The remnants of old creosote-treated piers and dilapidated maritime facilities are common sights along intertidal and subtidal shorelines. Removal of these structures has been proposed as a possible restoration focus for San Francisco Bay. Removal of dilapidated pilings could mitigate the adverse effects of other environmental threats and advance long-term goals for management and restoration of subtidal habitats in San Francisco Bay.
This project included four main tasks:
- Map abandoned creosote-treated pilings throughout San Francisco Bay.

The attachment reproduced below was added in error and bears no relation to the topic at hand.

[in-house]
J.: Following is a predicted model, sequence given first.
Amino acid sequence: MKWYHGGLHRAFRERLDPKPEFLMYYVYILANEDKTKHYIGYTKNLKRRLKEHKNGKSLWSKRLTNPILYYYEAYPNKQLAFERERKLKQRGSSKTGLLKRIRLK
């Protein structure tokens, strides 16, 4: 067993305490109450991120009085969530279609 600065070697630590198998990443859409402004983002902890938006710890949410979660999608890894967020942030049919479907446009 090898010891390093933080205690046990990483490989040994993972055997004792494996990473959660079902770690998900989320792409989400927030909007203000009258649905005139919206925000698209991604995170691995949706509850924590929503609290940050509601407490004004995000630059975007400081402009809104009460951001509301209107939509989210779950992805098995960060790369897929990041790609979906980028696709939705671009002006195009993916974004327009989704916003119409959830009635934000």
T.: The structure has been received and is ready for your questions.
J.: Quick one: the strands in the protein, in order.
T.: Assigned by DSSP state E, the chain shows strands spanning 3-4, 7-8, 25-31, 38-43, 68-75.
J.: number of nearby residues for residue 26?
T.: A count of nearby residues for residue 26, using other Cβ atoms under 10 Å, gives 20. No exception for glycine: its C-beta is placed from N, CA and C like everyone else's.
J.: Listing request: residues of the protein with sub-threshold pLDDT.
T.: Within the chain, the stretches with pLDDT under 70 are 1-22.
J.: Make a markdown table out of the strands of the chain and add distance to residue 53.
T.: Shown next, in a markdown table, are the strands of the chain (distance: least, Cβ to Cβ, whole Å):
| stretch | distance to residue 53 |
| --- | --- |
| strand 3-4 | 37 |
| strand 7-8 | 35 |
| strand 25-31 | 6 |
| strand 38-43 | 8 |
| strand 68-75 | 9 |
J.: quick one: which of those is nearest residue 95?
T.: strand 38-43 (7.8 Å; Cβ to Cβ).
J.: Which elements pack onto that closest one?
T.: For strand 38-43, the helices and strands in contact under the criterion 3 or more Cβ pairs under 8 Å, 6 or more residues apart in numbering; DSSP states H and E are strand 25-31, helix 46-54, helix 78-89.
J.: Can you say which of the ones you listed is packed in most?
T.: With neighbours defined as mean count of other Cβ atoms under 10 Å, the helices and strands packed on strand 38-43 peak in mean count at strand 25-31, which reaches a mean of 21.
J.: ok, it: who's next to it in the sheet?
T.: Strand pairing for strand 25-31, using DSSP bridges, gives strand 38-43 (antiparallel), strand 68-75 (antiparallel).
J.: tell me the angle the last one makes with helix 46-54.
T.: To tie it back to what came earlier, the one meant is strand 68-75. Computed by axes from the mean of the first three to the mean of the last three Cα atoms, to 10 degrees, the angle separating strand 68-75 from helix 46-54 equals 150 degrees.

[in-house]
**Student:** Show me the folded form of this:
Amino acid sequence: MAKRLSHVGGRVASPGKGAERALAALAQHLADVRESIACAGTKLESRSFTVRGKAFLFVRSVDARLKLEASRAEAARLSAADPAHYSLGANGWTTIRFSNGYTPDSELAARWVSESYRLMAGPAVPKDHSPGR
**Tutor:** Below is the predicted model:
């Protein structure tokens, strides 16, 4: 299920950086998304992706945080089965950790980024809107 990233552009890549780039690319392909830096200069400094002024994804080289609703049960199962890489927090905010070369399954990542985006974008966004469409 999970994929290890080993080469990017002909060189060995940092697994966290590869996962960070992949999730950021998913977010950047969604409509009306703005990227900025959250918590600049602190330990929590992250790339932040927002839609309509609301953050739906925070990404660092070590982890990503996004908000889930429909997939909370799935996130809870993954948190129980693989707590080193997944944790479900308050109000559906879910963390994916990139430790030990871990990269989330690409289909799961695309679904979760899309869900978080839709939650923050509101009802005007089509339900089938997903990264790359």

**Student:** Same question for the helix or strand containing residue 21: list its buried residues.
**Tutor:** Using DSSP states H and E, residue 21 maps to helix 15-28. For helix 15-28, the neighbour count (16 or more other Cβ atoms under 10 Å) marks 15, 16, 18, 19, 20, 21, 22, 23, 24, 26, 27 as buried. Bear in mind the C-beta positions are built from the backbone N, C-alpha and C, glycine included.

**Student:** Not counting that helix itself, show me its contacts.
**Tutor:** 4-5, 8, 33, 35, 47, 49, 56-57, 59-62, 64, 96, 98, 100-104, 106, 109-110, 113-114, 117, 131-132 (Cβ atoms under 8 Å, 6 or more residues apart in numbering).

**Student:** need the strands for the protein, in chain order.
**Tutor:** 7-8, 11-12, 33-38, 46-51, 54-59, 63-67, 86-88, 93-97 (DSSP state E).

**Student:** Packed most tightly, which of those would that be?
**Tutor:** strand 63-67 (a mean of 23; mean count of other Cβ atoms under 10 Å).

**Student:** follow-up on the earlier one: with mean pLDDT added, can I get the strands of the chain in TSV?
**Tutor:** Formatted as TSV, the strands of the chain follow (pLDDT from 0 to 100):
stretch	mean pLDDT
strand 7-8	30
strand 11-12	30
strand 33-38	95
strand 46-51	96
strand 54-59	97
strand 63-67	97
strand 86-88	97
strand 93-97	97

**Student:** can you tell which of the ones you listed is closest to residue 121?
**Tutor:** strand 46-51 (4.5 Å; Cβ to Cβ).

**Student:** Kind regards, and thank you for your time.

- Assess the potential impacts and benefits of creosote-treated pilings.
- Develop methods for determining potential historic significance, or lack of significance, that might assist in prioritizing structures for removal.
- Assess the methods and actions that would be needed to remove or treat the structures.
The report summarizes the findings of those tasks and also presents a section about the broader picture for artificial substrates in San Francisco Bay.
Completed December 2010
Programs and Focus Areas:
Clean Water Program
Environmental Informatics Program
Resilient Landscapes Program